I am adopting the facts I set out in my March 23, 2016 Memorandum and Order and will only summarize them as needed here. In short, Calhoun's claim in this case is that he was not provided adequate or timely medical care for a fracture in his wrist. He claims that his injury was apparent and should have been treated with surgery in 2011. Instead, he was treated with pain medication and a wrist sleeve. When Calhoun complained about his wrist to prison medical personnel again in 2013, he was referred to an orthopedic doctor, Dr. Wilson, who treated him non-surgically at first. When this did not work, Dr. Wilson performed surgery to attempt to relieve Calhoun's pain. In his verified complaint, Calhoun claims that Dr. Wilson told him surgery was indicated in 2011 and if it had been done at that time his condition could have been corrected. Because it was not done, Dr. Wilson told Calhoun he would likely suffer severe wrist pain for the rest of his life. Calhoun submitted no evidence of Wilson's opinion other than his own statements in the verified complaint. In my March 23 Order, I noted that even assuming Calhoun's statements about what Dr. Wilson told him were admissible, at most it would demonstrate that the conservative medical treatment he received from defendants in 2011 was medical malpractice, not deliberate indifference. I noted that in order to defeat defendants' summary judgment motion, Calhoun needed to prove that in 2011 defendants knew that failing to surgically treat Calhoun's wrist created an excessive risk to his health, and that they failed to act on that knowledge. I also stated that in any supplemental response, Calhoun must include a response to each numbered paragraph of Defendants' Statement of Uncontroverted Material Facts and for any facts he disputed he must provide evidence contradicting the facts asserted by defendants.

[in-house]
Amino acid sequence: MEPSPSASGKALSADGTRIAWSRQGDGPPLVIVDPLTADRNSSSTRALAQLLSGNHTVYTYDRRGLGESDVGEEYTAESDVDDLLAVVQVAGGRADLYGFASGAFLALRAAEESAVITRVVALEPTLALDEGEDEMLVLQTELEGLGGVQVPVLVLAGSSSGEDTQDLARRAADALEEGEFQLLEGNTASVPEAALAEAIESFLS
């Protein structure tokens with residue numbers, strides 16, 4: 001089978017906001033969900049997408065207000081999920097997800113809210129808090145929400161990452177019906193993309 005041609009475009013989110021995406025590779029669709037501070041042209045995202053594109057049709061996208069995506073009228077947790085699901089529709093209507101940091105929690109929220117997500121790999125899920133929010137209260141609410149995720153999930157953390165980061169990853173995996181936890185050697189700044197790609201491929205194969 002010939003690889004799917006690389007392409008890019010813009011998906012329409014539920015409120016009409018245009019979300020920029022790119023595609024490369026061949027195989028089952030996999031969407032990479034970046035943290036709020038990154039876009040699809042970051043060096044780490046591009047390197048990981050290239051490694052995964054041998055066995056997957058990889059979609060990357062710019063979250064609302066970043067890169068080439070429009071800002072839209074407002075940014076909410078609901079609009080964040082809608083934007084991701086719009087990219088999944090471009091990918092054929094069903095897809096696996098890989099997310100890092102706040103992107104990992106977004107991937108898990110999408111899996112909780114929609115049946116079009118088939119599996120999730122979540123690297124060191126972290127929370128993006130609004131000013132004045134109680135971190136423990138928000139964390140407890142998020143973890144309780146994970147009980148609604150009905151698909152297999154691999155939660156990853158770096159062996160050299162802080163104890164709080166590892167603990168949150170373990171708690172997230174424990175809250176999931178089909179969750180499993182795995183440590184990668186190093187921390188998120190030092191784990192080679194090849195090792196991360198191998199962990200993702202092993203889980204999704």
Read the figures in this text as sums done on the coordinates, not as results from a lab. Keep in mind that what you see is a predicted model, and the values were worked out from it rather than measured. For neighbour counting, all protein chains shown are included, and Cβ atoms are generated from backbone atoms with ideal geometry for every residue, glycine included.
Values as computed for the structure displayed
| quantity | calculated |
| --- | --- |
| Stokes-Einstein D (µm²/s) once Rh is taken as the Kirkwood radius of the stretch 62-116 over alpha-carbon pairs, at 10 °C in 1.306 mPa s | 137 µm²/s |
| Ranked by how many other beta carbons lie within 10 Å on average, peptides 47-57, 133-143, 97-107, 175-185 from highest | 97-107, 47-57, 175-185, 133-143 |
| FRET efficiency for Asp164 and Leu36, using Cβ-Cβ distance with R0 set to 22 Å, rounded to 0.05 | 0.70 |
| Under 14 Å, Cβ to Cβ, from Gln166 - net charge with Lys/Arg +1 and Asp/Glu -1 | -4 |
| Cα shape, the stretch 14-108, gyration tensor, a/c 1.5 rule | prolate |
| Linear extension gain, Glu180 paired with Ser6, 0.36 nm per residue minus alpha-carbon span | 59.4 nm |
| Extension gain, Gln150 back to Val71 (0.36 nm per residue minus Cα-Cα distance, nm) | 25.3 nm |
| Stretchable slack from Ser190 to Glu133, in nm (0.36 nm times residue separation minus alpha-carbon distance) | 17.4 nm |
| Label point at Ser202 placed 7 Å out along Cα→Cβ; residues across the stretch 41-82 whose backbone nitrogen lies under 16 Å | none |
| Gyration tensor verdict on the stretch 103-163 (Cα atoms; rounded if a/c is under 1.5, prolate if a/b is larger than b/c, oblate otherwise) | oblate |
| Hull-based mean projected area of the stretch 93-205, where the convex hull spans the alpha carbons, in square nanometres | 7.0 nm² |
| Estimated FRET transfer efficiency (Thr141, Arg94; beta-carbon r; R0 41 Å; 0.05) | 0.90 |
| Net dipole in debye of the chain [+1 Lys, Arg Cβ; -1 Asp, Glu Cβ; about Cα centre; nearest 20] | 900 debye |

To supplement his response to summary judgment, Calhoun first filed a document titled “Plaintiff's Response to Defendants' Statement of Uncontroverted Material Facts in Support of Defendants' Motion for Summary Judgment and Submits Plaintiff's Motion of Uncontroverted Material Facts and Motion for Summary Judgment.” Next, he filed a documented titled “Plaintiff's Supplemental Complaint in Response to Defendants' Motion for Summary Judgment and in Support of Plaintiff's Motion for Summary Judgement.” In short, in both of these responses, Calhoun failed to provide any evidence indicating defendants knew that not performing surgery on his wrist in 2011 created an excessive risk to his health. He also failed to include a response to each numbered paragraph of Defendants' Statement of Uncontroverted Material Facts. Even construing the evidence in a light most favorable to Calhoun, neither of his filings raises an issue of material fact sufficient to defeat summary judgment. See Small v. McCrystal, 708 F.3d 997, 1003 (8th Cir. 2013) (“Summary judgment is proper if, after viewing the evidence and drawing all reasonable inferences in the light most favorable to the nonmovant, no genuine issues of material fact exist and the movant is entitled to judgment as a matter of law”). However, in his “Plaintiff's Response” filing, Calhoun discussed and disputed portions of the defendants' statement of material facts. He made two arguments regarding his medical treatment that I will address briefly here.